Revel in the flavors of your breakfast, your fruit, your tea. Feast your eyes on the kaleidoscopic colors at the farmer’s market. Moon around the florist’s shop taking deep, ecstatic breaths. Luxuriate in the bliss of a warm ray of sun slanting through the window. And lie back in the comfiest chair in the house and let your sweetie give you and baby-to-be some loving touch. All this (plus the resulting release of endorphins, or feel-good hormones) will communicate to your child, “All is well and calm and safe. Rest, relax, and grow, and soon you’ll join us in this beautiful world.”
If you foster calm and peace in your baby’s environment even before he’s born, the effects can last through the birth, the newborn weeks, the first year, and on into childhood. A “magical beginning” indeed!
Now please forgive a shameless plug for our book, Can’t Wait to Show You: A Celebration for Mothers-to-Be, which takes you through a journey of the five senses with your baby in the womb. Read aloud these words that let you indulge your happy anticipation, and enjoy the colorful collage-style illustrations, and you’ll truly be connecting with your senses and your unborn child.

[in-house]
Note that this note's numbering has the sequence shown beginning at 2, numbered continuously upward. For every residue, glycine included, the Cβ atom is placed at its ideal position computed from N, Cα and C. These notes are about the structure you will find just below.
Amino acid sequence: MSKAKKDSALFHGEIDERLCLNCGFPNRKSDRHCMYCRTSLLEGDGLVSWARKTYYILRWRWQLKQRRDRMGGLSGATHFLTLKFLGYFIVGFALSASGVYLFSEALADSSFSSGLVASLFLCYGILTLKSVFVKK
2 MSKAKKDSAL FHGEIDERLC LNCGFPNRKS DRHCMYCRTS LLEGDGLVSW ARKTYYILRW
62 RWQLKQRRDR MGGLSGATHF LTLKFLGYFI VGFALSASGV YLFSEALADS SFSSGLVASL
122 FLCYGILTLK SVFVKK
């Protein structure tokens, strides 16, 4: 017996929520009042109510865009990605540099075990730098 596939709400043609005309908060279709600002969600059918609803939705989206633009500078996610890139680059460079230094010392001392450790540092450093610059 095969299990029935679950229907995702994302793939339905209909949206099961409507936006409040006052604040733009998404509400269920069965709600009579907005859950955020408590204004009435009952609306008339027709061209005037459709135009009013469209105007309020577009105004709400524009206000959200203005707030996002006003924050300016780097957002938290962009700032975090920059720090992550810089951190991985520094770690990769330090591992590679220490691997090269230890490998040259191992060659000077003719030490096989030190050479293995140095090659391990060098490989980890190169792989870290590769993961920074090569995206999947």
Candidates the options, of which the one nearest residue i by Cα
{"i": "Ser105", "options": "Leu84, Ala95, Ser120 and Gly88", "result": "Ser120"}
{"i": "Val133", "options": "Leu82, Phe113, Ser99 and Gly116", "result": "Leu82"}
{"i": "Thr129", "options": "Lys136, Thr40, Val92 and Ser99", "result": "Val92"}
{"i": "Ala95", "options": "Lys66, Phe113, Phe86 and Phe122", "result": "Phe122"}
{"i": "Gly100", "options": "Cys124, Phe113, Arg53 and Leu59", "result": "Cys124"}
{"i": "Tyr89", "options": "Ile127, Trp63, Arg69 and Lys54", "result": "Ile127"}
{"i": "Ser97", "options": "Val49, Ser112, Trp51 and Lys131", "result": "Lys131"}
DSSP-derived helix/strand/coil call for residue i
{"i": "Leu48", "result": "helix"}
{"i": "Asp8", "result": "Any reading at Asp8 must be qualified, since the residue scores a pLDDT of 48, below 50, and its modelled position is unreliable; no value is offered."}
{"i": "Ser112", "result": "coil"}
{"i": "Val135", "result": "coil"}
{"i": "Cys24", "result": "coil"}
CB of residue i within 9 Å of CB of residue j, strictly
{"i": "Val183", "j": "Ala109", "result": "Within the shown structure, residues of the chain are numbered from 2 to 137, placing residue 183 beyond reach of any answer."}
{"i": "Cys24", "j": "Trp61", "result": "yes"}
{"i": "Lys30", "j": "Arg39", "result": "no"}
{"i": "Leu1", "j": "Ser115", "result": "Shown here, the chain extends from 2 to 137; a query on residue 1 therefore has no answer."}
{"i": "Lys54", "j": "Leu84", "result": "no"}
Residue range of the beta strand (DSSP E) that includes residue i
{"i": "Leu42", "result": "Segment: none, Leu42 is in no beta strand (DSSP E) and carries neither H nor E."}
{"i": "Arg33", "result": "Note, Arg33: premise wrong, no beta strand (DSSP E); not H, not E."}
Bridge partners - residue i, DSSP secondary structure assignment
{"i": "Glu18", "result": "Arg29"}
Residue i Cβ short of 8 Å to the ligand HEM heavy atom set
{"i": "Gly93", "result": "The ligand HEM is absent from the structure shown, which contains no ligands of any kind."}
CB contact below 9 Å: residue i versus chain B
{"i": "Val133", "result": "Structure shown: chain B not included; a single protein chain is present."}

Are you expecting an extra-special little present this holiday season or in the months to come? Are you all aglow from something much more exciting than Jack Frost nipping at your nose? We know you can’t wait to cherish this precious gift, and we want to tell you how you can start making a real connection with your little one even before she arrives. Read aloud to her right now!
Babies in the third trimester can already hear very well, and studies (check out the research links in the sidebar) show that they recognize their mother’s voice, and newborns remember and show attentiveness to nursery rhymes that were read to them by their mother during the last trimester of pregnancy. The baby becomes familiar with the rhythm of the lines, and with the unique melody of the reader’s voice, and responds to the sound after she’s born. Yes, you really will be bonding with her well before birth, and she’ll be soothed by these same stories as a newborn.
The power of regular storytime for families is well researched and documented. Reading to children from the very beginning has benefits that range from strengthening family bonds, to teaching empathy and social skills, to enhancing cognitive and language development. Parents who start reading to baby regularly before birth make storytime into a favorite nightly ritual, and it’s much easier for them to keep up the habit when their newborn arrives and their lives turn upside-down!
What book should I read to my baby in the womb?
There are so many wonderful books to choose from! Any Dr. Seuss book, for instance, has the jaunty rhythms and catchy rhymes that are the easiest for babies to pick up on from inside the womb. We listed other suggestions in this post a few years back.